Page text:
Harrow say no to Parkridge, and struggle with plans

Parkridge’s proposed development in Harrow-on-the-Hill is ‘a monster’, according to the Council, who are reported to be struggling to make some of their development plans stack up.

The Parkridge proposals, for 146 flats, a cafe and a Sainsbury’s supermarket in Pinner Road, were refused by the Council. Many locals had objected to this development, as well as to others in the area by Fairview and Dandara.

Objections focussed on the effect on the views of Harrow Recreation Ground, as well as St Mary’s Church, in Church Hill, and traffic problems in the area. It also suffered negative comment from CABE, which said the building would be “fortress-like”.

Councillor Marilyn Ashton recommended rejection saying: “It is, in my view, a very large building and I think it will impede these views. I think there will be a problem. This would be a monster.”

Had the project gone ahead it would have required developers to invest more than £500,000 in a number of community projects, including increasing the capacity of Harrow Bus Station and installing play facilities at Harrow Recreation Ground.

Ben Holmes, told the Harrow Times: “We are extremely disappointed. The design is very high quality and it is suitable for the site. We believe the council have ignored the views of their own design officer who supports the scheme.”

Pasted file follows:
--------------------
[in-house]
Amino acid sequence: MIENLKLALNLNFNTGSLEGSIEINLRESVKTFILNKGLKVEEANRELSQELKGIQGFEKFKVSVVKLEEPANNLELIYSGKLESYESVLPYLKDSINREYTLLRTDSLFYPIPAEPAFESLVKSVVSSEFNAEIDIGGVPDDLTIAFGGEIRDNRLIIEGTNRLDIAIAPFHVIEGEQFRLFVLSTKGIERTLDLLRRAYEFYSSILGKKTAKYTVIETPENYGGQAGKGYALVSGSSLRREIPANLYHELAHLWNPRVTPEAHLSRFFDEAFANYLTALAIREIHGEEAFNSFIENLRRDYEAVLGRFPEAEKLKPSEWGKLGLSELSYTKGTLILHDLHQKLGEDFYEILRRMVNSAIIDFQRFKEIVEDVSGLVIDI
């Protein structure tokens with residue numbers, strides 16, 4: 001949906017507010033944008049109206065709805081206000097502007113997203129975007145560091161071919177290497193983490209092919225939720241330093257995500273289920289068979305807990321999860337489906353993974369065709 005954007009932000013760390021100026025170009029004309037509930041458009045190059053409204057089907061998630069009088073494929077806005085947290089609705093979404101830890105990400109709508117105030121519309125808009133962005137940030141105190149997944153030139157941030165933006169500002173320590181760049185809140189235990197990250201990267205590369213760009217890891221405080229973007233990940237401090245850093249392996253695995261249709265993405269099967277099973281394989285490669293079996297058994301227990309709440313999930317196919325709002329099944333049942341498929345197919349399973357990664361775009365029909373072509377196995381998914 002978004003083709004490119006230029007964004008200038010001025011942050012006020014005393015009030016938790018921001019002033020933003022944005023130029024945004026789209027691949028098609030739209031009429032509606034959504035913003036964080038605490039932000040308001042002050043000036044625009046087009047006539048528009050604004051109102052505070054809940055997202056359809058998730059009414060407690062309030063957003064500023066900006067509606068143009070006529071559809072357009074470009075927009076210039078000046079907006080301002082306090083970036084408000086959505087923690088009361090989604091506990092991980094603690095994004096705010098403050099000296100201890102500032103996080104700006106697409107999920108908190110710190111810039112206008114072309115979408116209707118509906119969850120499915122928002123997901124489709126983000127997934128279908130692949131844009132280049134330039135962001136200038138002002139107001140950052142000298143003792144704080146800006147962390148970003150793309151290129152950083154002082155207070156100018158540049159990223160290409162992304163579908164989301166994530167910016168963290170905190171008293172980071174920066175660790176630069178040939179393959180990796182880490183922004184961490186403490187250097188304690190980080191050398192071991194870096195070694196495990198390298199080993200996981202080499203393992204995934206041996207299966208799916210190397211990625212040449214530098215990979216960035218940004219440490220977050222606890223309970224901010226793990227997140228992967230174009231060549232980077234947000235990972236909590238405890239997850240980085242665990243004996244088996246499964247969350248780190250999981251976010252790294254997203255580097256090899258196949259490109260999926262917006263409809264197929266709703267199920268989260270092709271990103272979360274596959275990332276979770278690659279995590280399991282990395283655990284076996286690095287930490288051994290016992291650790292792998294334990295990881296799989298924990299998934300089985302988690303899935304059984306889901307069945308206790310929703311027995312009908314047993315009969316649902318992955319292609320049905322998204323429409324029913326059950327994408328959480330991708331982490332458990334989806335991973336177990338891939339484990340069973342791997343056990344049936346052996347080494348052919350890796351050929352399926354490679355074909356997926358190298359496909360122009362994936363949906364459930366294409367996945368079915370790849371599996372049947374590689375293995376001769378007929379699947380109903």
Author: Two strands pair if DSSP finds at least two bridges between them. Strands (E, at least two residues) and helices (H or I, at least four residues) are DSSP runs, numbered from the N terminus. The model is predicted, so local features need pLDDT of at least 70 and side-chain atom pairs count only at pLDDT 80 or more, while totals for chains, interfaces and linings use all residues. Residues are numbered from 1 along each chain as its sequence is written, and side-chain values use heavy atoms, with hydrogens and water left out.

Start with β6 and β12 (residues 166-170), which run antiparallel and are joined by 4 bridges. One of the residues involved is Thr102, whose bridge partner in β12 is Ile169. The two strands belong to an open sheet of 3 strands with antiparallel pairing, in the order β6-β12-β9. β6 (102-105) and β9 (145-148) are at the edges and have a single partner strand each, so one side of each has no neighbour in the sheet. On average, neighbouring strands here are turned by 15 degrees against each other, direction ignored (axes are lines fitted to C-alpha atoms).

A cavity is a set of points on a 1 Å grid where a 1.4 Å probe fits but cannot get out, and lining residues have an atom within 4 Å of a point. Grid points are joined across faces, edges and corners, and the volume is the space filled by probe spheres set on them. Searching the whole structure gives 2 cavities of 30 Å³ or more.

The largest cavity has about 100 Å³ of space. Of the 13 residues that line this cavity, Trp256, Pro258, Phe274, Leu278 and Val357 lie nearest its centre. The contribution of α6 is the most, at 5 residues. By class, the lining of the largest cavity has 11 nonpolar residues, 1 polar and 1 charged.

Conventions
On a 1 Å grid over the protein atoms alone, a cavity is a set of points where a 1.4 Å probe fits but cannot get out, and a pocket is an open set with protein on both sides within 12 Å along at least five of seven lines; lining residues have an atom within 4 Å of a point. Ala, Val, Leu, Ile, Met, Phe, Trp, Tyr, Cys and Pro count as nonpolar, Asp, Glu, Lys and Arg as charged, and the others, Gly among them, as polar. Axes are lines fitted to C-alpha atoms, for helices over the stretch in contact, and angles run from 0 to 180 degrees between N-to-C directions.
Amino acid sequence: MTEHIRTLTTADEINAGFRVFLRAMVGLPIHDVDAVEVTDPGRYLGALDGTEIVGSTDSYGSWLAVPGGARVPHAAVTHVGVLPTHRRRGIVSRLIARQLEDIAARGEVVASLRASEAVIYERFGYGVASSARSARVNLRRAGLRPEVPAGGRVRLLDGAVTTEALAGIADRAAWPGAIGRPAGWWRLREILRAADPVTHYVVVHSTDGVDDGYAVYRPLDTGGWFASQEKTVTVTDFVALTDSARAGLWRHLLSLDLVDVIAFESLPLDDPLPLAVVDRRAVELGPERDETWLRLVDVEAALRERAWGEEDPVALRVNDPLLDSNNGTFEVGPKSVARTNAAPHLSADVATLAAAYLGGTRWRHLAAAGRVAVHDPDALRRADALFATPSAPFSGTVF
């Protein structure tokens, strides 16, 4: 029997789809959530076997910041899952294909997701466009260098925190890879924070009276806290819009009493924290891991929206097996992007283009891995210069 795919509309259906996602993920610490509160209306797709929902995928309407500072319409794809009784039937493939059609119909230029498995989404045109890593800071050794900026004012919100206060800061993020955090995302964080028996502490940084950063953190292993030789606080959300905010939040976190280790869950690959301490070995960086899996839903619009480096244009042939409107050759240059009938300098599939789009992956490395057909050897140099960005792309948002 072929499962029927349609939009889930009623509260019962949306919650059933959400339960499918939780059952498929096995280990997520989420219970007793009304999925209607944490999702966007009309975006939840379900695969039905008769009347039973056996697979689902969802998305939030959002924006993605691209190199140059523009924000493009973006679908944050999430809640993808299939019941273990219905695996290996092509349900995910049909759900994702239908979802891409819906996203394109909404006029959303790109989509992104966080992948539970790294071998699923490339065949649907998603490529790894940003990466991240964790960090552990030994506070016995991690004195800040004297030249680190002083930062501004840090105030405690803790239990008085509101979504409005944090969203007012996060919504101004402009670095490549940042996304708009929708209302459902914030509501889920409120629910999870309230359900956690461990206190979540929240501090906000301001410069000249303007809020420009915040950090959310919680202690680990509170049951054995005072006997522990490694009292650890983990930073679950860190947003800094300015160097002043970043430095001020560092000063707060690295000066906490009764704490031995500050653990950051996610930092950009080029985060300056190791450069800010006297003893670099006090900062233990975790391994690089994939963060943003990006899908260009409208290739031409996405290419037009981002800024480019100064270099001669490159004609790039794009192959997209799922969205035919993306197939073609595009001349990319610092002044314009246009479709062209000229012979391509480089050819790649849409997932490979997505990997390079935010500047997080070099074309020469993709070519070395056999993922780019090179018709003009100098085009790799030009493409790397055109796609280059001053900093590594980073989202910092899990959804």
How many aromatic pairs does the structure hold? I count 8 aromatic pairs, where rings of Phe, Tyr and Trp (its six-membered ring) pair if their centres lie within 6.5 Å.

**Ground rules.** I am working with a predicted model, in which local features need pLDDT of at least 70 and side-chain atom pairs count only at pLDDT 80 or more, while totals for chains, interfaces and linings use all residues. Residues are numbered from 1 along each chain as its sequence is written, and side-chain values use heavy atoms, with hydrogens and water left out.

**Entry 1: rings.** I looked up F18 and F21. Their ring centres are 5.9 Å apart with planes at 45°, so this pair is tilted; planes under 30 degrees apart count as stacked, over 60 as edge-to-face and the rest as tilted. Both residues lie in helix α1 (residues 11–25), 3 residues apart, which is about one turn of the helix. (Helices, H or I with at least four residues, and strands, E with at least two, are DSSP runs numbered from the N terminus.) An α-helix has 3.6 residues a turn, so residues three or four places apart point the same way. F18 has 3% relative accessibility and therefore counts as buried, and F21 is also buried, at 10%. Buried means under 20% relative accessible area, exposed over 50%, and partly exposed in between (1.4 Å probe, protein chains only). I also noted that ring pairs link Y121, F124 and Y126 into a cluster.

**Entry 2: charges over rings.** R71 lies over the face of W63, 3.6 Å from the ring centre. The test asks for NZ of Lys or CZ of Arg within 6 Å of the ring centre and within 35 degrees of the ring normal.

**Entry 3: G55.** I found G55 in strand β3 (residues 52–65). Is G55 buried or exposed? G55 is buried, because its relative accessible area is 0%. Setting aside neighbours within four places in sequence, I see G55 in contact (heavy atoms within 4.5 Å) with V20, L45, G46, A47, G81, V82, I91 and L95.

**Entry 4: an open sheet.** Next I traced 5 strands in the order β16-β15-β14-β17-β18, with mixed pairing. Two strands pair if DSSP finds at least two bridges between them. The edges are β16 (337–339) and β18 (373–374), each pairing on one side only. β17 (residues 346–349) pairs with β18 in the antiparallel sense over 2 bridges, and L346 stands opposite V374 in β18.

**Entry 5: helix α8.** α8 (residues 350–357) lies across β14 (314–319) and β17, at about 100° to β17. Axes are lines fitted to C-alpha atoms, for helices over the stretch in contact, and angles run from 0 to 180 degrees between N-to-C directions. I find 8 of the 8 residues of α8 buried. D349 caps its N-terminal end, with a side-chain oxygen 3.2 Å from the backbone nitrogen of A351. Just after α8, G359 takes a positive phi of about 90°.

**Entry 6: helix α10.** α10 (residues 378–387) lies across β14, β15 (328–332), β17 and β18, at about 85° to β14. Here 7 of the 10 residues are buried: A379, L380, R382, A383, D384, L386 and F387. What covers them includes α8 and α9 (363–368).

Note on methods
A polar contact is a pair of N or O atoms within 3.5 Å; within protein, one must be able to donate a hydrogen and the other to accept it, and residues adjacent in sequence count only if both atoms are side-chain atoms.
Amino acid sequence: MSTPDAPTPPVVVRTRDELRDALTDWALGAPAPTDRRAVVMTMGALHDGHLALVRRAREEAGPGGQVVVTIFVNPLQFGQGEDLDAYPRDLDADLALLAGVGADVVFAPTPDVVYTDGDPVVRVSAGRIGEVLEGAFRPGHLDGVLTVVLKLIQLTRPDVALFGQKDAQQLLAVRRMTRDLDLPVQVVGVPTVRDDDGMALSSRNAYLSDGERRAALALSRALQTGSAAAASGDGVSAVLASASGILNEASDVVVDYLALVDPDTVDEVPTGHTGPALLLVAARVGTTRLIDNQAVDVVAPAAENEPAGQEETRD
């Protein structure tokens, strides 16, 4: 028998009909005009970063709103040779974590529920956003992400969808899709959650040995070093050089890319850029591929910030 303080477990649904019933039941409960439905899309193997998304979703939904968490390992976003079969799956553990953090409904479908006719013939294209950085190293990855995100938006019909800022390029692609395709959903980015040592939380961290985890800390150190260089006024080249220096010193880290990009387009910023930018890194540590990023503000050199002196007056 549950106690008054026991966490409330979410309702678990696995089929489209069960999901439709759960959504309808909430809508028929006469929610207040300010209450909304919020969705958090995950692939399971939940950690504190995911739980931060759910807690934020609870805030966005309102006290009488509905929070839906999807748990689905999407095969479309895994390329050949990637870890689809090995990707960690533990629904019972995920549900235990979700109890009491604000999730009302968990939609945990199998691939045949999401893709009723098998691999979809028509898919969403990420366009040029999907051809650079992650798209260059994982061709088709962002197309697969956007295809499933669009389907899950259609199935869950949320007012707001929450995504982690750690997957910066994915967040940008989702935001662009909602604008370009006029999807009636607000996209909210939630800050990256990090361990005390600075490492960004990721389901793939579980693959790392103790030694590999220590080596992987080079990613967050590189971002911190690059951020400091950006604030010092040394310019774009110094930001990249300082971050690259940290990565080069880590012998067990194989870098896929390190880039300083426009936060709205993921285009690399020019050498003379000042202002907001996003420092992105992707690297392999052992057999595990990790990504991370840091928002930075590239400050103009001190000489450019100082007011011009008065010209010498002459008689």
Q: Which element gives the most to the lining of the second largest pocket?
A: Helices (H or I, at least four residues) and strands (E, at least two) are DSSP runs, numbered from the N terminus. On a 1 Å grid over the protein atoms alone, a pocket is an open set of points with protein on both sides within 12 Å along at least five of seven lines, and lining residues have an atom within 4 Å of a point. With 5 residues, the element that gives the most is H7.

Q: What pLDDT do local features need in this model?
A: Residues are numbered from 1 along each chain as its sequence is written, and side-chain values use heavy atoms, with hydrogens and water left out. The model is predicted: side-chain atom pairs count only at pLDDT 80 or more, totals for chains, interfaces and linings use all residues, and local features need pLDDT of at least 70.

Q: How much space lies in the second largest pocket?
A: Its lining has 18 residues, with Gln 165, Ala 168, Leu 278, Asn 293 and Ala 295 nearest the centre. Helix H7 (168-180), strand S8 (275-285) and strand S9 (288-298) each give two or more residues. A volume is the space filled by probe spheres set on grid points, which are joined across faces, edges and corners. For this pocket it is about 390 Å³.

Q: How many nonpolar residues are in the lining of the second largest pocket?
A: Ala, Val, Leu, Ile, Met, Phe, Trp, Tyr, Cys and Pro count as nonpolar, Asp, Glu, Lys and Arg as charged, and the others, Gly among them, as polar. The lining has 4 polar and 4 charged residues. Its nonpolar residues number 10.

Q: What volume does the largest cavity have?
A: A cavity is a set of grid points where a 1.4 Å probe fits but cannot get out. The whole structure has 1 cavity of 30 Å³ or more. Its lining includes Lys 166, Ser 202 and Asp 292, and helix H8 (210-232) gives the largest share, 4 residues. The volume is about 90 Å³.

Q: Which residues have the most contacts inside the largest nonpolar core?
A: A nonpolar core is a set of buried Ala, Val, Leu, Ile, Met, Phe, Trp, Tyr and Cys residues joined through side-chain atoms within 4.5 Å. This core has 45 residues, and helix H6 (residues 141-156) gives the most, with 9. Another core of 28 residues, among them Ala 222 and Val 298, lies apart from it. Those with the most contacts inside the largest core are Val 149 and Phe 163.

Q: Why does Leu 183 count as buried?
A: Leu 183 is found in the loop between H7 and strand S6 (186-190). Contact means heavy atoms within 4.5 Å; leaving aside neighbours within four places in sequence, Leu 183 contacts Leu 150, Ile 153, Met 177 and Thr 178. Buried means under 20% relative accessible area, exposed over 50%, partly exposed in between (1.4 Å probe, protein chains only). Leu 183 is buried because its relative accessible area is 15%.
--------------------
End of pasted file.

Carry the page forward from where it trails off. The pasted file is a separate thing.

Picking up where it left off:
Plans in trouble

Meanwhile, the Council’s plans to build a new leisure centre, skatepark and entertainment venue are reported to be stuggling due to funding problems.

Councillor Ashton, told the Harrow Times, she said: “The developers can’t afford to buy the land from us and they can’t afford to build anything. If they can’t do that, we are not going to have a new leisure centre. Nothing is going to happen, we are completely stuck. Other people agree or disagree with the plans, but it ain’t going to happen, not for a long time.”

College development stalled

The Harrow College Central Campus redevelopment is also stalled, after the Council refused permission for the designs for turning the old campus into housing. This stalled the project as the housing development provided a substantial portion of the funding for the new campus.

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